7 7 Valuing your claim ( quantum ) The legal aim of compensation or damages is to return the Claimant, as far as possible, to the position they would have been in but for the negligence. If your claim is successful, you will receive compensation for your: l Pain, suffering and loss of enjoyment of life (known as general damages ); l Past losses e.g. earnings, care you have required, travel and medical expenses (sometimes called special damages ); and l Future losses e.g. care that you will need in the future, changes to your accommodation, aids and equipment. If your claim arises because of a death, you may be entitled to pursue compensation for loss of the deceased s earnings or their help with domestic costs, such as childcare. In addition to receiving compensation for your injuries, the Defendant will be required to pay a contribution towards the legal costs of your claim. We will advise you further about this but it is important to remember that costs are separate to compensation. General damages General damages are an amount of money to cover pain, suffering and loss of amenity caused by an injury. General damages apply to both physical and psychological injuries or injuries that are a combination of the two. General damages can usually only be assessed accurately once your condition is stable and your prognosis for the future is known. General damages are assessed by looking at what compensation has been awarded for a similar type of injury in previous claims. Historically, relatively low sums have been awarded for general damages in this country. The multimillion pound claims that you may read about are made up almost entirely of compensation for future losses. At present the maximum awarded for general damages in an injury involving the most serious type of injury, such as major brain damage or tetraplegia, is in the region of 260,000. Past losses Past losses are the financial losses which have been incurred as the result of an injury caused by someone else s negligence. Past losses are sometimes called special damages and are calculated from the date of injury up until an actual or notional date of trial. Examples of past losses include: l Loss of earnings; l Additional travel costs; l Equipment costs, aids and appliances; and l The cost of care and assistance provided to the Claimant, (assessed by considering either the actual cost of the care or a sum to reflect the value of care given by family and friends). Future losses For some of the more serious or complex injuries, future losses can make up the most valuable part of the claim. Losses may be calculated from the date of trial up until the end of the Claimant s life. Examples of future losses are: l The cost of additional care and case management; l Loss of earnings and pension; l The cost of physiotherapy, speech and language therapy, occupational therapy and other therapy needs; l The cost of aids and equipment needs; l The cost of accommodation needs; and l The cost of medical treatment. In cases of serious injury, especially where there are specific therapeutic and care needs, it is usual for your solicitor to obtain reports from various quantum experts to assess the extent of a particular need and to value the cost of providing for it. Typically, they are experts in nursing, speech and language therapy, occupational therapy, physiotherapy and accommodation. Ultimately the final value of the claim may be decided by a Judge following a trial. More common, is that a settlement is agreed between the parties before the trial takes place. Where a Claimant is a minor or someone who lacks the capacity to manage their own affairs, the Court must still approve any negotiated agreement. Compensation is paid either as a single lump sum or as an annual payment (sometimes referred to as a periodical payment ), or more usually as a combination of the two. Interim payments As the claim proceeds towards trial, it may be possible to obtain an interim payment of damages from the Defendant to help you purchase specific items, such as a wheelchair or a car (or, if appropriate, a house) but generally only if the Defendant has accepted responsibility for your claim. Provisional damages There are some cases where a claim is made for a provisional award of damages. Provisional damages are relatively rare, but can apply where there is a chance in the future of either a serious disease developing or there being a serious deterioration in your condition. Provisional damages therefore allow a Claimant to apply for further damages at a later date.
8 8 Settling your claim out of court Some cases are decided by a judge at trial but most claims that proceed settle without a trial and they can be settled at any stage. The Court encourages parties to enter negotiations either by written offers or by mediation or round table meetings with all parties and the legal teams present. We will guide you as to whether we think an offer made by a Defendant is reasonable. A formal settlement offer must be considered carefully because, if you refuse it and then recover the same amount or less at trial, a Judge can order costs penalties against you. Indeed, although Claimants are generally no longer liable for Defendant s costs, even in the event of losing their claim, one of the exceptions is if a Claimant rejects an offer to settle and then fails to beat it. In these circumstances, the Court might order you to pay some of the Defendant s costs and the Defendant will not pay all of your own costs. For these reasons it is important to consider all offers to settle. It may be appropriate for you to make an offer to the Defendant to settle your claim and we will advise you what a reasonable settlement would be. Your offer may attract penalties for the Defendant both in terms of your receiving additional compensation and in terms of the costs of the case if a higher award is made at trial than the offer you made so the Defendant will also carefully consider any offer made. The Court must approve any settlement for children, or those who lack capacity to manage their own affairs. So, in these cases, there will be a court hearing even in cases where the settlement has been previously agreed between the parties without formal litigation. This allows the court to scrutinise the settlement being agreed on behalf of vulnerable people. State benefits If your claim is successful, the compensation may affect any state benefits you currently receive. If that happens we may be able to advise you on a form of trust which will preserve your benefits. If the compensation covers the same loss as your benefits, (for example, if a claim includes the costs of care to look after you and someone in your family also receives a carer s allowance to look after you), some of your benefits will have to be deducted from your compensation by the Defendant and repaid to the government. Court of Protection and deputyship We work closely with our Private Client team to provide a comprehensive service for our clients who receive compensation awards. The Private Client team can help you with: l Professional Deputyship and Court of Protection Services for clients who cannot manage their own affairs l Personal Injury Trusts l Power of Attorney and Statutory Wills So, together with our Private Client team, we have huge experience in the many practical and legal challenges that can arise, such as the purchase and adaptation of homes; recruiting carers and therapists; tax advice; investment advice; setting up monthly and annual budgets, and the preparation of accounts for the Court of Protection.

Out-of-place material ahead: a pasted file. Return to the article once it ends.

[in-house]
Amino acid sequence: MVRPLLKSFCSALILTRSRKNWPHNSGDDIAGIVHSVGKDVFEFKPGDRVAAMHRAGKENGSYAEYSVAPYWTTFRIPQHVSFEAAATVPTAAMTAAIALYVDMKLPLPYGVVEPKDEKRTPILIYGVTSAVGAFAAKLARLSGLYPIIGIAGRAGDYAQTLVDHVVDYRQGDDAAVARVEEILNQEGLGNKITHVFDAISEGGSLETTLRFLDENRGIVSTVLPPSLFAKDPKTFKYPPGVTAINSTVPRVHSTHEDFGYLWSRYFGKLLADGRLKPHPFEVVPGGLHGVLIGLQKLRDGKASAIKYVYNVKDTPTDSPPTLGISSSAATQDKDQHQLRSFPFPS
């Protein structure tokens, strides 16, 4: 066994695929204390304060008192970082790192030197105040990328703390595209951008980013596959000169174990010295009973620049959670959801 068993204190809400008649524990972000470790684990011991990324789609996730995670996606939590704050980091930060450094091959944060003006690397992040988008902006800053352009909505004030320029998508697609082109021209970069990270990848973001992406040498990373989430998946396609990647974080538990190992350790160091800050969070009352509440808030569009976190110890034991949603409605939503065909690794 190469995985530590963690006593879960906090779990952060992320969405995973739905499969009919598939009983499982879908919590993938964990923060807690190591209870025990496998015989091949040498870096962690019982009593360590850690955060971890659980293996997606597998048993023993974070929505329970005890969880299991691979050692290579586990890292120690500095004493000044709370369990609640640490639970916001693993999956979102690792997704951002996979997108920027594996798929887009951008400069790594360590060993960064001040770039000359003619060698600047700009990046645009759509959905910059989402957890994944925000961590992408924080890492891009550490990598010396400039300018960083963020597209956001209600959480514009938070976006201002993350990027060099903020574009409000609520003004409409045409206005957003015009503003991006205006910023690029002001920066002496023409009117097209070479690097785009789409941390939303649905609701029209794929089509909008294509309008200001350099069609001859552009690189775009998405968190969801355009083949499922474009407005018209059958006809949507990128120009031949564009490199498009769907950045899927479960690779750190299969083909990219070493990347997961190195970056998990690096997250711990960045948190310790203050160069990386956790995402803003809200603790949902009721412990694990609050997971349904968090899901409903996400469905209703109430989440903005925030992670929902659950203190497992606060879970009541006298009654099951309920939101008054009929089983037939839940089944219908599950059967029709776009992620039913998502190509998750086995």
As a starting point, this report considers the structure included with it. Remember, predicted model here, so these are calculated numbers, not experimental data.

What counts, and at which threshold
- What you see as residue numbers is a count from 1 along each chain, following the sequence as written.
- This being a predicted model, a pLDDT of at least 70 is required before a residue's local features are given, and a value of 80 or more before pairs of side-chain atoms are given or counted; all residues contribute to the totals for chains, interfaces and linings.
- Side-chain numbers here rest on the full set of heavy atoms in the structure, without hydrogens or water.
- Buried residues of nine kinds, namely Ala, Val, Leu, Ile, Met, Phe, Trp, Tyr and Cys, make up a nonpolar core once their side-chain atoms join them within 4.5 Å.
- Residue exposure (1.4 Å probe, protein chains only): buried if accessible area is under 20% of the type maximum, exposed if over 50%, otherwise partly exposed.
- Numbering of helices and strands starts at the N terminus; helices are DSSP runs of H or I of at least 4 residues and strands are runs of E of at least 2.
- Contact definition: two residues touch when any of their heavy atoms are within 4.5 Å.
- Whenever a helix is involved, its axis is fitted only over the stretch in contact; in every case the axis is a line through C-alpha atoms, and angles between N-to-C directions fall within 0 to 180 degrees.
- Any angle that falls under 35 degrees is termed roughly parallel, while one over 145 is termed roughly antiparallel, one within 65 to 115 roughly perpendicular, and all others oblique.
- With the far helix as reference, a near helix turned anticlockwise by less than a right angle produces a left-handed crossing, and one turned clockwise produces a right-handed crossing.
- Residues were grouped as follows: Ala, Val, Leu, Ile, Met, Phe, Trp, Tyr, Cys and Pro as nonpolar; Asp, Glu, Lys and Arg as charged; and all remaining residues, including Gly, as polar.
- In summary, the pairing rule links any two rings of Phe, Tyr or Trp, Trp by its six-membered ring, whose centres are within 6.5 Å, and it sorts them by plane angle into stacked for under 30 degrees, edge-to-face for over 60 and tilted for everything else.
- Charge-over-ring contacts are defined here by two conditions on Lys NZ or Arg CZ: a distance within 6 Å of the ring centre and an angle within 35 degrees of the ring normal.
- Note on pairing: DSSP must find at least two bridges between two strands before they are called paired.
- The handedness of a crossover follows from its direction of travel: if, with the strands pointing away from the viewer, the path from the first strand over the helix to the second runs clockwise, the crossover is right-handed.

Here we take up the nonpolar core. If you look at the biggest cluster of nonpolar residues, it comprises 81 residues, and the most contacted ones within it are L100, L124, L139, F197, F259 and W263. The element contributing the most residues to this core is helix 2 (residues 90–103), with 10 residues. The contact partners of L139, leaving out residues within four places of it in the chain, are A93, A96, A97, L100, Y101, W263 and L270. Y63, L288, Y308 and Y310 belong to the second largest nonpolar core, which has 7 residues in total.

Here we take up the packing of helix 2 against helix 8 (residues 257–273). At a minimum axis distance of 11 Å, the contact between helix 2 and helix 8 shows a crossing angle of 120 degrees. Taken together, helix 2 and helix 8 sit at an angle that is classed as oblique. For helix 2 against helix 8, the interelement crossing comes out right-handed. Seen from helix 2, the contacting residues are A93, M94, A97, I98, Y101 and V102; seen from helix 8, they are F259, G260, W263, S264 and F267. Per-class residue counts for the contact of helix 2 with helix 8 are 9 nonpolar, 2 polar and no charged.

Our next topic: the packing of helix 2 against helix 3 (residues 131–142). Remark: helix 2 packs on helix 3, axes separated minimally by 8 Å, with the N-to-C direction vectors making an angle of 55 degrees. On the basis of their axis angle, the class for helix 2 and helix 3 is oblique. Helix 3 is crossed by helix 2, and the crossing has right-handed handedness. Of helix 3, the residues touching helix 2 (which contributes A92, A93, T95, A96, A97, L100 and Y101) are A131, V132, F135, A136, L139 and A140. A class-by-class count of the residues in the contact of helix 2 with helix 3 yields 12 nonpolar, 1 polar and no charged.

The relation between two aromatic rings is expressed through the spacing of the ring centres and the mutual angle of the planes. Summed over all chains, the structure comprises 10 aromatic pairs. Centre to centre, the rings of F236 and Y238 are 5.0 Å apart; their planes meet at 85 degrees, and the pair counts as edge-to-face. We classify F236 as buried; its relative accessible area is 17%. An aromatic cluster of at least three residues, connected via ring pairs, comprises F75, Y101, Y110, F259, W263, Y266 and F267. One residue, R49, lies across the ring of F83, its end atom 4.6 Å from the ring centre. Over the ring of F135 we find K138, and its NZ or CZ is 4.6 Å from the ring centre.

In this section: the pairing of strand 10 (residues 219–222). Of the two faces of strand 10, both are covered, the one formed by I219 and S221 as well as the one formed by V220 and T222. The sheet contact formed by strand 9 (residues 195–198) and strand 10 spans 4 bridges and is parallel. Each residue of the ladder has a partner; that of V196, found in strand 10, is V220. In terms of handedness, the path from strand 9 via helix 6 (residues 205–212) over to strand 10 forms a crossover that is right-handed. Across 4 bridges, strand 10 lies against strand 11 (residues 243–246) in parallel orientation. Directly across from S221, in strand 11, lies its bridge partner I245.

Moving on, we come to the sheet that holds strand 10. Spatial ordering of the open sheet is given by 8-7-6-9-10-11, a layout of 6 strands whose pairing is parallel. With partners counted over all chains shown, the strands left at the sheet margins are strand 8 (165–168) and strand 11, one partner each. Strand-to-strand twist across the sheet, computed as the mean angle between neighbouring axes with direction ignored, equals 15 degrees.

9 9 What you can do now There are simple steps you can take now that can help your claim run smoothly. Write everything down It is best to write down your recollection of the events surrounding your treatment or injury while it is fresh in your memory. Your written account will be important evidence and will help us prepare your witness statement. Family and friends might also have important recollections which could be helpful so ask them to write their memories down as well. You should also write down the effects that your injury has had and continues to have on you, whether this impacts on your ability to carry out your day-to-day activities and if there are any changes to your condition. Keep a diary of the things which you need help with on a day to day basis (or ask the person who provides that help to keep a diary of what they do and how long it takes them). Keep us informed It is important to keep your solicitor informed about changes in your health and your ongoing medical treatment. Also, tell us if your income and/or overall financial circumstances change because this may affect the way your claim is funded. Preserving documents Please keep all documents that relate to your claim safe. Even if you think the documents may be used against you, it will probably be necessary to show ( disclose ) these to the Defendant during the course of the claim. Please note that documents include materials stored on computers and other electronic media. Keep records, for example receipts and invoices, for all the additional costs that arise as a result of the injury you are claiming for. For example: l Extra journeys you have to make or journeys that you need to make by taxi rather than car; l The cost of paid care; l Your medical costs including appointments, prescriptions and therapies; l Special aids or appliances; l Domestic bills which may have increased as a result of your injury; l Details of your salary before and after the injury (as well as the same information for any friends or family who have taken time off work to look after you).